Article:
Integration of Evolution. Another aspect of Biology: Science for Life that sets it apart from many other texts is the manner in which evolutionary principles are integrated throughout the text. The role of evolutionary processes is highlighted in every chapter, even when the chapter is not specifically focussed on an evolutionary question. For example, when discussing infectious diseases, the evolution of antibiotic-resistant strains of bacteria is addressed. With evolution serving as an overarching theme, students are better able to see that all of life is connected through this process.

Pedagogical Elements

Open the book and flip through a few pages and you will see some of the most inviting, lively, and informative illustrations you have ever seen in a biology text. The illustrations are inviting because they have a warm, hand-drawn quality that is clean and uncluttered. The liveliness of the illustrations is accomplished with vivid colors, three-dimensionality, and playful compositions. Most importantly, the illustrations are informative, not only because they were carefully crafted to enhance concepts in the text but also because they employ techniques like the "pointer" that help draw the students' attention to the important part of the figure (see page 3). Likewise, tables are more than just tools for organizing information; they are illustrated to provide attractive, easy references for the student. We hope that the welcoming nature of the art and tables in this text will encourage nonmajors to explore instead of being overwhelmed before they even get started.

In addition to lively illustrations, this text also strives to engage the nonmajor student through the use of analogies. For example, the process of translation is likened to baking a cake, and the heterozygote advantage is likened to the advantage conferred by having more than one pair of shoes (see pages 166 and 381). These clever illustrations are peppered throughout the text.

Students can reinforce and assess what they are learning in the classroom by reading the chapter, studying the figures, reviewing the key terms, and answering the end-of-chapter questions. We have written these questions in every format likely to be used by an instructor during an exam so that students have practice answering many different types of questions. We have also included "Connecting the Science" questions that would be appropriate for essay exams, class discussions, or use as topics for term papers.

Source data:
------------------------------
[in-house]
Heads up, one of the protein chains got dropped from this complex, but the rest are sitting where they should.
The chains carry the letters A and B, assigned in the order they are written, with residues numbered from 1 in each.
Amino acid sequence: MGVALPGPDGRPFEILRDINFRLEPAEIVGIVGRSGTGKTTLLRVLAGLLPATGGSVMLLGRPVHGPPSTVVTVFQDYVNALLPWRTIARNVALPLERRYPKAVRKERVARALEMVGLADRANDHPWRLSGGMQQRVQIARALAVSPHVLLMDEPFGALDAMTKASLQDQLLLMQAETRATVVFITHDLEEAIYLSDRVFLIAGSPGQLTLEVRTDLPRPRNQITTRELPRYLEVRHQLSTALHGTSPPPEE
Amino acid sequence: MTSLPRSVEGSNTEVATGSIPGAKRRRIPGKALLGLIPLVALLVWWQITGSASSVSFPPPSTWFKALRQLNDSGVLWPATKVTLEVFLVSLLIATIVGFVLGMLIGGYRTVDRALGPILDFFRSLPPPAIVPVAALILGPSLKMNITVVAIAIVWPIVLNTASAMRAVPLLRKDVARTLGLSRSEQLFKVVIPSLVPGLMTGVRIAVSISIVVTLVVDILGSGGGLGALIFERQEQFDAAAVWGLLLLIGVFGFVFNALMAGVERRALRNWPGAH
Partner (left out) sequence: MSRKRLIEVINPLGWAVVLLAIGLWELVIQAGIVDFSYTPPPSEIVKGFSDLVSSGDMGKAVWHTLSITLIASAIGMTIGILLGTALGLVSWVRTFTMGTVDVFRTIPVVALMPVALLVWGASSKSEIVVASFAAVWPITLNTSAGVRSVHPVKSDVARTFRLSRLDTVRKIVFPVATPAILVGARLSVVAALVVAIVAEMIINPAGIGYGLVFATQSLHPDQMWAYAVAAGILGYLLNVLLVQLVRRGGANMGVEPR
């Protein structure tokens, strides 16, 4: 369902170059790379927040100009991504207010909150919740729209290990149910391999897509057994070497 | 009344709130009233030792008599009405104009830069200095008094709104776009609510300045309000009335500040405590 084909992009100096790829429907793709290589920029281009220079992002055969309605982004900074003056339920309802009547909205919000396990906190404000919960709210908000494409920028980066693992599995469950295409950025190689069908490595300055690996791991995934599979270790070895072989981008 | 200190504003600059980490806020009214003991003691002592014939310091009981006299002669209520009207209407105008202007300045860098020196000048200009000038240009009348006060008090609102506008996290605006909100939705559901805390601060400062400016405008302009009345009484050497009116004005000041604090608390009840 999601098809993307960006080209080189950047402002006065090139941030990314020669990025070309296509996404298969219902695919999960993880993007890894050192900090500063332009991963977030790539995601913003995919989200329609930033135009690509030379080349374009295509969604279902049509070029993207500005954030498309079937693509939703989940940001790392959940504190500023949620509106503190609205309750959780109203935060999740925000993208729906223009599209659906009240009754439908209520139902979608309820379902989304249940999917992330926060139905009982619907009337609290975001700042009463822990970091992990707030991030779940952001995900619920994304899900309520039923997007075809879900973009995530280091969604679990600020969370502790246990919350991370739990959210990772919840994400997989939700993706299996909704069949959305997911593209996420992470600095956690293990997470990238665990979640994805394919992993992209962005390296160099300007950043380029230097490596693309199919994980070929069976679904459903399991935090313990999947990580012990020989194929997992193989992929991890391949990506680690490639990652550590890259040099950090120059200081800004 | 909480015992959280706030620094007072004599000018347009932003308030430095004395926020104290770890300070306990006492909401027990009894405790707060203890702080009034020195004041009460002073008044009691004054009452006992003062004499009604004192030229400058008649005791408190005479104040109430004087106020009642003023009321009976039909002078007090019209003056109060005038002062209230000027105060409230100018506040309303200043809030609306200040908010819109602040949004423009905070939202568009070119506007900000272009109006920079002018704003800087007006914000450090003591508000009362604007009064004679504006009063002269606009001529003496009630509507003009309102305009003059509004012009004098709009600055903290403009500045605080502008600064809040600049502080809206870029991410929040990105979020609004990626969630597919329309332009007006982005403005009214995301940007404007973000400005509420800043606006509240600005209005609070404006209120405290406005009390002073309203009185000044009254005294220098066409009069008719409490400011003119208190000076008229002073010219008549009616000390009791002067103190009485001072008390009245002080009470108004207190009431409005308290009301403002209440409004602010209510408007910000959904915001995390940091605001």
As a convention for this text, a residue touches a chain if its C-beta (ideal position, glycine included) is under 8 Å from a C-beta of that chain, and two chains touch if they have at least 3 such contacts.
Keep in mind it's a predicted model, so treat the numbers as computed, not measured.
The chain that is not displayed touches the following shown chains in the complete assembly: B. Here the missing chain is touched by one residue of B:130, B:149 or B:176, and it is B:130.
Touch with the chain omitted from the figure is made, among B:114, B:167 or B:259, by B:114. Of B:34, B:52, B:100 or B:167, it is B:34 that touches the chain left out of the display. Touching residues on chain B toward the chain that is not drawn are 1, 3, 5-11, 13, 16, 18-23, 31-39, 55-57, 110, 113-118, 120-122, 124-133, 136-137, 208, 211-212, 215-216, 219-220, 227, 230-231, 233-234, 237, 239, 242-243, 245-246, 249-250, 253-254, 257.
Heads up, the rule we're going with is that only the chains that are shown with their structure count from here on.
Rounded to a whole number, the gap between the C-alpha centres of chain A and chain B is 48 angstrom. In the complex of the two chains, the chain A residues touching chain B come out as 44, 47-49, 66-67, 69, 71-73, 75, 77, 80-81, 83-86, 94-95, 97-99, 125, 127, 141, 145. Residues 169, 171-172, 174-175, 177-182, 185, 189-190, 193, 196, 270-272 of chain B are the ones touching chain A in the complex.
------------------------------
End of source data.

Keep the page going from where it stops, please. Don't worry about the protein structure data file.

Development of the supplements package that accompanies Biology: Science for Life began several years ago. A group of talented and dedicated biology educators teamed up with us to build a set of resources that equip nonmajors with the tools to achieve scientific literacy that will allow them to make informed decisions about the biological issues that affect them daily. In each chapter, a variety of resources are tightly integrated with the text through specific chapter learning objectives. The student resources offer opportunities to exercise scientific reasoning skills and to apply biological knowledge to real problems and issues within the framework of these learning objectives. The instructor resources provide a valuable source of ideas for educators to enrich their instruction and assessment efforts. Available in print and media formats, the Biology: Science for Life resources are easy to navigate and support a variety of learning and teaching styles.

We believe you will find that the design and format of this text and its supplements will help you meet the challenge of helping students both succeed in your course and develop science skills—for life.